Fancy Goldfish Care Facts
By: Hillary Mahon
The fancy goldfish has been misrepresented over the years, people believing that they need little or no care and can thrive in a bowl. In reality, however, the goldfish has just as many needs as any tropical fish; good water quality, temperature, good filtration, and good food. It is important to understand the needs of your goldfish in order to keep it happy and healthy.
The pH for your goldfish should be be between 7.0 and 7.6, and never below 6.8. While they can handle a small amount of ammonia and nitrite better than most fish, this is not recommended and will stress your fish unnecessarily; both should be at 0ppm.
Goldfish are not tropical fish, and so they should not be given the same water temperatures as tropical fish. They are a colder water species, and no best in temperatures around 65F – 70F. Room temperature is generally fine, hoever, if temperaturs get below 55F, your fish will slow down, stop eating, and begin to hibernate.
The proper filtration is viatl for any fish. For goldfish, it’s better to get a filter at least one size up from what is recommended for your tank size. Your tank should allow for no less than ten gallons per fish. Goldfish are heavy waste producers that need a strong filter and regular maintenance to keep their water clean. Be careful the water flow from the filter doesn’t impair their swimming or pull them into the filter. A weekly water change of at least 35% is important, larger changes will be needed when they are bigger.
When feeding your goldfish, it is very important that you use food especially made for them, include a varied diet, and be careful not to over feed. The digestive tract of a fancy goldfish has been slightly compromised by the distinctive shapes of their body and so they need simpler foods, they also have different needs than other fish.
Offering a varied diet does two things for your fish; first it ensures that your fish isn’t missing any nutrient or vitamin requirements, and secondly, incase a brand you use is no longer manufactured it is easier to adjust your fish to something new.
Goldfish are messy eaters and produce a lot of waste; they usually accept food every time you offer it, leading them to be overfed. One way to combat this is to feed them only what they can eat in a few minutes, twice a day. Another method is to feed them pellet foods, these float or sink to the bottom allowing your goldfish ot eat them as they sink and search for them later in the day. Goldfish are naturally a bottom feeder and will spend most of the day searching for any uneaten food.
Some healthy food snacks include frozen bloodworms (defrosted), garlic enriched pellets, and de-shelled peas. The bloodworms supply some of the insect foods they would recieve in nature. Garlic is an immune system booster as well as an appetite enhancer, but only a small amount should be given at a time, about once a week. Grean peas with the individual shells removed should be given at least once a week to keep the intestinal tract clean. They supply the vegetable matter that is commonly lacking in an aquarium, always feed what your goldfish will eat in a few minutes otherwise the peas will foul the water sooner.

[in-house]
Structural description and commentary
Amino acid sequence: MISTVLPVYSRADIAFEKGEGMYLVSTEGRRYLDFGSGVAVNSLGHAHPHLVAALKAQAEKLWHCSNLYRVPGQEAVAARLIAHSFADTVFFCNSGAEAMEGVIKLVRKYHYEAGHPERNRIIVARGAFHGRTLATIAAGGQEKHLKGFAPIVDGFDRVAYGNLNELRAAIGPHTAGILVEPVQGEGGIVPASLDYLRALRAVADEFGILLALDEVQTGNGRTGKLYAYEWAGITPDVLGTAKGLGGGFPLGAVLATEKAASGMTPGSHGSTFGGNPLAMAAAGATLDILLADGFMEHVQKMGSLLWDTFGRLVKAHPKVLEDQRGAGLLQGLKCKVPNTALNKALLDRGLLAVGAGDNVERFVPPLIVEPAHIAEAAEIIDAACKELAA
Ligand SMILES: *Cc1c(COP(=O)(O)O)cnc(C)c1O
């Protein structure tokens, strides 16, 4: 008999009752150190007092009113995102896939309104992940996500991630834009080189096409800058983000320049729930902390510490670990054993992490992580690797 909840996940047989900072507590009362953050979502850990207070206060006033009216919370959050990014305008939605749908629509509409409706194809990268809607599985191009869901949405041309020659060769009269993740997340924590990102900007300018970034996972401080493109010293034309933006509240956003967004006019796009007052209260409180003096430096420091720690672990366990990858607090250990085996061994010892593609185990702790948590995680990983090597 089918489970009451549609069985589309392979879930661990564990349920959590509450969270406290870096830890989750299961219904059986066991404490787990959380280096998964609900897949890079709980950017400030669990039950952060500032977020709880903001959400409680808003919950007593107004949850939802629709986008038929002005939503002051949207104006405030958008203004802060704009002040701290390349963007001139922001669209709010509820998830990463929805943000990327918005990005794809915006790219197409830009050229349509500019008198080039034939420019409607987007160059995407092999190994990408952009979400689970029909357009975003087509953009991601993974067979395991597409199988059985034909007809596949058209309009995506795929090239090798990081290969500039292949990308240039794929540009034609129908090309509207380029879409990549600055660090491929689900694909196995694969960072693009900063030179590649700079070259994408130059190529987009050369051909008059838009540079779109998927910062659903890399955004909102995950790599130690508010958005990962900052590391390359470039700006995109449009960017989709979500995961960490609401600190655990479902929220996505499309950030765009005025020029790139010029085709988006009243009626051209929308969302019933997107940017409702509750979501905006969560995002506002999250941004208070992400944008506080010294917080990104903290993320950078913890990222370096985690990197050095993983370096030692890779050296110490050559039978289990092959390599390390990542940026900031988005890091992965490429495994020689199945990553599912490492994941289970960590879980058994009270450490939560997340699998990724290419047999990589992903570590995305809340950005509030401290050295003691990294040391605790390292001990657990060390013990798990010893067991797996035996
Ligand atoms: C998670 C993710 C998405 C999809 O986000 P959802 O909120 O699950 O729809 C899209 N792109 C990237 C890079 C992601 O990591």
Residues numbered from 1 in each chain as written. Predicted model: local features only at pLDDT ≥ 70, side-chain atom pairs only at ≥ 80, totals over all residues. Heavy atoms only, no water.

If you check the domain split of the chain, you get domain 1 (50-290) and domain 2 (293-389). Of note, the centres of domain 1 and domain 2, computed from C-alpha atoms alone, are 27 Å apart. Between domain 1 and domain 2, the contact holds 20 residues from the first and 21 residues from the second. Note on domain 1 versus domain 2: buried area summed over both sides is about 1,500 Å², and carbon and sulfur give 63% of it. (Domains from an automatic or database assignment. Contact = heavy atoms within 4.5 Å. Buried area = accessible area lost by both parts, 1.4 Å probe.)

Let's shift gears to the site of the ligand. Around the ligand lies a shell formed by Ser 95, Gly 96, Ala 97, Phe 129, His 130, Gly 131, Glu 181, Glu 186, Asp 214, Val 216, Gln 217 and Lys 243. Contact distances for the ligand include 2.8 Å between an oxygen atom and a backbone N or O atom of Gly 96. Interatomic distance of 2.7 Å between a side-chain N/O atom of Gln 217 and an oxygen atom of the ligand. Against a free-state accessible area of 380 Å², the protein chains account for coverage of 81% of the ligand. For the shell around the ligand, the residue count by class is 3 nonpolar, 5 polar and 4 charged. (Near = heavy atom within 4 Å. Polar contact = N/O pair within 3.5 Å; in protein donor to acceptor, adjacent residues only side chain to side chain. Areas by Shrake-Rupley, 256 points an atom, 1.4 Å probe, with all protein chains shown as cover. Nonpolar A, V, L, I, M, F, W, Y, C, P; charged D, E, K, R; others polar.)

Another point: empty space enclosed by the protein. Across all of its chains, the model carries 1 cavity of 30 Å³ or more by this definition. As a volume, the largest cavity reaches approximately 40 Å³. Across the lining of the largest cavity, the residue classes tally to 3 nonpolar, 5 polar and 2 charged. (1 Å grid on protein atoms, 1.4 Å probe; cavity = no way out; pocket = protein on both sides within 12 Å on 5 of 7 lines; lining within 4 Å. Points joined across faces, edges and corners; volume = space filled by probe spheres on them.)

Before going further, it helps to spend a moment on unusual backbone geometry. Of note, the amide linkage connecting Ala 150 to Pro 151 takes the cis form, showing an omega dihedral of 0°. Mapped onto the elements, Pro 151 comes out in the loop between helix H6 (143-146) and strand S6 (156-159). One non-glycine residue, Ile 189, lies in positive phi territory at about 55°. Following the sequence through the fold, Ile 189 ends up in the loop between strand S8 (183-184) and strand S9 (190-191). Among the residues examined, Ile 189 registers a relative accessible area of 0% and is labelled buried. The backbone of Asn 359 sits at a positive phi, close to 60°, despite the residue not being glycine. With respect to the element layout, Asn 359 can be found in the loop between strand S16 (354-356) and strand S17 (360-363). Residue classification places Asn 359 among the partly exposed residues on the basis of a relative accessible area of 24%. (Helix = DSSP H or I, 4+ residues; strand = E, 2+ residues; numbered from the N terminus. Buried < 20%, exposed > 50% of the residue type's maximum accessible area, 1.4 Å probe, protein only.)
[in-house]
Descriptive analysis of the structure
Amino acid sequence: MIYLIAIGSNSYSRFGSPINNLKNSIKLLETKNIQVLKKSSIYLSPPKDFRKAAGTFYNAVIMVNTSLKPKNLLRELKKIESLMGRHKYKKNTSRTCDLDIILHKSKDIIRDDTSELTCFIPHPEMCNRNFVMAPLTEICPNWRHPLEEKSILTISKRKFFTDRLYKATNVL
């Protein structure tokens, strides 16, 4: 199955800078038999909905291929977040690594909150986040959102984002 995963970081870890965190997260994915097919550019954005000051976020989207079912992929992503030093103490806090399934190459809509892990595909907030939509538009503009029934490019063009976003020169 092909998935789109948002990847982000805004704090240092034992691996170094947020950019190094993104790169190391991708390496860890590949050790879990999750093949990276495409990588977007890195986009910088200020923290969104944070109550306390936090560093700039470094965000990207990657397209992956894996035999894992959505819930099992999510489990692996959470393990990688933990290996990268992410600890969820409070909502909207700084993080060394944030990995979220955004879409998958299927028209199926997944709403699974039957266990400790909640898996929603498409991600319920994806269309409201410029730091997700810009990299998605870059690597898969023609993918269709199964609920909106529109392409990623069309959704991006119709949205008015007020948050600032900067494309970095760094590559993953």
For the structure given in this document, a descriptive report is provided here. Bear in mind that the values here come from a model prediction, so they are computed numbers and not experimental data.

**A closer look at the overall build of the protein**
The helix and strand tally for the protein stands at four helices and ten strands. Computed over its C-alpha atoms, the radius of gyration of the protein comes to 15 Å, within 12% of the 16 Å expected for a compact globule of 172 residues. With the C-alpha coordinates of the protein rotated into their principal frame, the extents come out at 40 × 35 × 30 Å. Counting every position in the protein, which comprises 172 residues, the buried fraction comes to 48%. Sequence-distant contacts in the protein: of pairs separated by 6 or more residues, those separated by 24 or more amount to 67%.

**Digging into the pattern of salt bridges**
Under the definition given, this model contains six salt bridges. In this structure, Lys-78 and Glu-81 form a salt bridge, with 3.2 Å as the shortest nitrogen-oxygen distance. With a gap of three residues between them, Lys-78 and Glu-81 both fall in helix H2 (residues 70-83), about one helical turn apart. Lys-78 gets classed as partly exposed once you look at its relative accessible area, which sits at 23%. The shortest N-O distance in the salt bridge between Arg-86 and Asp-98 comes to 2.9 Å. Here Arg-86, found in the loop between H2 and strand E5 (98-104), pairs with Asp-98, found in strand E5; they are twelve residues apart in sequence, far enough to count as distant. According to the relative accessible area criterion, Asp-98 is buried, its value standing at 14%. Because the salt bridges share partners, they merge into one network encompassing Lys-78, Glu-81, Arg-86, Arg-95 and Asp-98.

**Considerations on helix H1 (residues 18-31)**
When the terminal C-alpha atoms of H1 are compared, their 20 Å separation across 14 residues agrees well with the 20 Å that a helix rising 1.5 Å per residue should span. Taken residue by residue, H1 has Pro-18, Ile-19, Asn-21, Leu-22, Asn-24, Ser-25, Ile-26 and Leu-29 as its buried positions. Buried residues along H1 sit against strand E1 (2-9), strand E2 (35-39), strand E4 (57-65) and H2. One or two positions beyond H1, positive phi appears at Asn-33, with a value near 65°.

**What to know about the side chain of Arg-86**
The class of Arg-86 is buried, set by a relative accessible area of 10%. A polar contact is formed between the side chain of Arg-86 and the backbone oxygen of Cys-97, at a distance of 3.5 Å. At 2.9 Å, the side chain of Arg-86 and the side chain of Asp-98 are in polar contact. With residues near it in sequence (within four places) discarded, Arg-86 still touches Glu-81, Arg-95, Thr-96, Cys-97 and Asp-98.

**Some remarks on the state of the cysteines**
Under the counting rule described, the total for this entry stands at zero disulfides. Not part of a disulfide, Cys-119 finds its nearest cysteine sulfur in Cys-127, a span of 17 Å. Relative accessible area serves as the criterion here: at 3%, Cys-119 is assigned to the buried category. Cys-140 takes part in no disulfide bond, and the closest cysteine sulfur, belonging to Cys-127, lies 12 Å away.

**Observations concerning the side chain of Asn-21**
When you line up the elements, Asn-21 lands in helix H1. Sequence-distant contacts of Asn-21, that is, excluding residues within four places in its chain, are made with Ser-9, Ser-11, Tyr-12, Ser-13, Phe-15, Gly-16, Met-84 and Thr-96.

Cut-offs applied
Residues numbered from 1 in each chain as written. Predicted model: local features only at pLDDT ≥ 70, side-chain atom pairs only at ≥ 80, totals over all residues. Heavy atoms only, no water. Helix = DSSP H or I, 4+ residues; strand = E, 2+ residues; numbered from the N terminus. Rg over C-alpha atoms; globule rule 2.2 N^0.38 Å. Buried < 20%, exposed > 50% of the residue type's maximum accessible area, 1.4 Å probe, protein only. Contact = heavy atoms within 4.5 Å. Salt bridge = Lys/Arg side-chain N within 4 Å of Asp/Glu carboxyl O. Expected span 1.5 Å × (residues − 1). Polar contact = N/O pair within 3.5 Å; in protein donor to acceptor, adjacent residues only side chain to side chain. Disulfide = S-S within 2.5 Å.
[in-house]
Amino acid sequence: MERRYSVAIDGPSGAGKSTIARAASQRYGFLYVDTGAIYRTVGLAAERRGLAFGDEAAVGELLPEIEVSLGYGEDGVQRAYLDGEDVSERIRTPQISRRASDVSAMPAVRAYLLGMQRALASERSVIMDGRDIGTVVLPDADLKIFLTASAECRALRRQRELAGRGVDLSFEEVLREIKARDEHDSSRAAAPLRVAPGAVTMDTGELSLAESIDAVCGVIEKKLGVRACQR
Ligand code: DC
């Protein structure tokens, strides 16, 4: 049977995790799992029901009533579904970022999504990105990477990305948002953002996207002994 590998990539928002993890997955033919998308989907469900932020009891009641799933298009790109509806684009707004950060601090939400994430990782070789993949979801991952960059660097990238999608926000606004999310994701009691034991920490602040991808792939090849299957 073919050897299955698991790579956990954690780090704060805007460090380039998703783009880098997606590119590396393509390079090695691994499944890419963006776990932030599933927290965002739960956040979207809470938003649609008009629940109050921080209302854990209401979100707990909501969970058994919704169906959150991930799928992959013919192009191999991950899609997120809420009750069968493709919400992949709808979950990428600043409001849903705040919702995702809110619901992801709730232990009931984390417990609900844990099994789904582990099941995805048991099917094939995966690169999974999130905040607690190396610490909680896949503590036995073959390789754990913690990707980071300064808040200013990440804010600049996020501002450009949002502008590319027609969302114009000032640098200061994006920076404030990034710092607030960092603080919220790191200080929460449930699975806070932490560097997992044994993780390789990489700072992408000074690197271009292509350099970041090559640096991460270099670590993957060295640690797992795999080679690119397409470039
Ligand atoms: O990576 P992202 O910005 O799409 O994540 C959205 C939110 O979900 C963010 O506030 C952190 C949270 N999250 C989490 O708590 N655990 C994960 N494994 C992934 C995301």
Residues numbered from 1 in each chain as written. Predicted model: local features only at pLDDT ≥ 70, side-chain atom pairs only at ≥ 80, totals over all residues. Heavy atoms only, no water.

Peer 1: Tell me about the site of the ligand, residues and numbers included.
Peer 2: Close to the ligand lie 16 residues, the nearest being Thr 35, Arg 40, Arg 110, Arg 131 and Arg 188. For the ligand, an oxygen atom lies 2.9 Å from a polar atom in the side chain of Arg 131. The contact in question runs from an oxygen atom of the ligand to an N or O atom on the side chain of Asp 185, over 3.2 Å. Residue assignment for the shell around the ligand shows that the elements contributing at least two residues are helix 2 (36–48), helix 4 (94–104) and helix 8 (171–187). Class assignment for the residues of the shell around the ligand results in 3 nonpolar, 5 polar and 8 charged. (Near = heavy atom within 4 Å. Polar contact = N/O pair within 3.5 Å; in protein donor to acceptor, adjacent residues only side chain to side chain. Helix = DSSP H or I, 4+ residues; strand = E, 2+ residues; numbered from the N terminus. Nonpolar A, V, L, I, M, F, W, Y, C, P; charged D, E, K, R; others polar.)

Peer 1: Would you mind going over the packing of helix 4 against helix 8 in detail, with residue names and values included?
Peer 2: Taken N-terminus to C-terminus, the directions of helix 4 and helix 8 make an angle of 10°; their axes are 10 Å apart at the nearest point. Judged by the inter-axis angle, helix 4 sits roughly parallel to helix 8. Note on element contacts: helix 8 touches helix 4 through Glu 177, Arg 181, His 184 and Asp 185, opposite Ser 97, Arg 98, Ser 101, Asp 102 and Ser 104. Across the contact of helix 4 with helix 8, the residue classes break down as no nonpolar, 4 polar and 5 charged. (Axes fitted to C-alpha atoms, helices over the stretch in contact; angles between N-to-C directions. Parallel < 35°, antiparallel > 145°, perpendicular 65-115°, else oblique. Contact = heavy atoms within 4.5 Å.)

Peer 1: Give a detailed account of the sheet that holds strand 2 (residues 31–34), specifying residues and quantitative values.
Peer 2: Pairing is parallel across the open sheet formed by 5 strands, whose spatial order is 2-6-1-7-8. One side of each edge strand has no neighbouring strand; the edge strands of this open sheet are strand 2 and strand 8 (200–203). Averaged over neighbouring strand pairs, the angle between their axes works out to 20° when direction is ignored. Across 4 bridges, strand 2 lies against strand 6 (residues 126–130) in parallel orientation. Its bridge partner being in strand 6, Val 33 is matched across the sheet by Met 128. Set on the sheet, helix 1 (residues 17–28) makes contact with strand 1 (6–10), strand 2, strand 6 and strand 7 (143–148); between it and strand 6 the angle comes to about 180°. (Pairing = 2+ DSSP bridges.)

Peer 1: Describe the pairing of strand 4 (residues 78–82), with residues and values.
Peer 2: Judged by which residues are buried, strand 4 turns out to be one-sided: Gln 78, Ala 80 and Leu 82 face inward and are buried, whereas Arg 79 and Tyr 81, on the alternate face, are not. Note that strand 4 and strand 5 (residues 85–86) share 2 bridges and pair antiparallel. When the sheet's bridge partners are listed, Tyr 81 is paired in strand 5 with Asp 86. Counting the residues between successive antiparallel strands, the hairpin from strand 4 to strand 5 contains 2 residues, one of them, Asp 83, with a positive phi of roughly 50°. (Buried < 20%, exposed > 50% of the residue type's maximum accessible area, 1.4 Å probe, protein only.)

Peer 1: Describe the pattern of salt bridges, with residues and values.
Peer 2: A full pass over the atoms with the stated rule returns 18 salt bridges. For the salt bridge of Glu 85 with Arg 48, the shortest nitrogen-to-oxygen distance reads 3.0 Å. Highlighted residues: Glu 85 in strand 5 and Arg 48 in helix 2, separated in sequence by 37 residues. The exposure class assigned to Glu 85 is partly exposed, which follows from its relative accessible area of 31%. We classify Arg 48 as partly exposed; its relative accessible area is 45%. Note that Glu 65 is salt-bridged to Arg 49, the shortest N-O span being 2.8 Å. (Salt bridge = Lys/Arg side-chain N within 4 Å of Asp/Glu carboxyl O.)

While breeding goldfish isn’t common in the average aquarium, it isn’t too hard either. As long as all your water parameters are correct, inducing them to spawn is a difference in water temperature. Slowly lower the water temperature a few degrees for a week or two, then slowly raise it back to where it was; having foliage will also help.
Males can be sexed by looking at their operculum and pectoral fin rays. When ready to spawn, a rash will appear (looking like sugar grains) and cover most of the gill cover and front fins, sometimes extending to cover part of the face and even the ventral fin rays. Close observation is needed to notice these bumps as they may lose their white coloring, and disappear from the gill plate altogether, leaving only clear bumps on the front fin rays. Make sure you don’t confuse this with disease, or vice versa. Females of the common goldfish will appear slightly rounded, however, with the fancy varieties; this is not a reliable way to determine the sex of your goldfish.
Hatching the fry will take a couple of days depending on water temperature, make sure that there is constant water circulation. I suggest a small box or sponge filter; as a power filter may suck them up. An easy way is to place the eggs in a seperate tank to protect them from being eaten. Raising the fry is a big of a challenge, and requires green water (suspended algae in water) and live plants for the first week or two. After this time, they should start eating fry food. Be sure to give them ample growing room and very clean water to prevent stunted growth.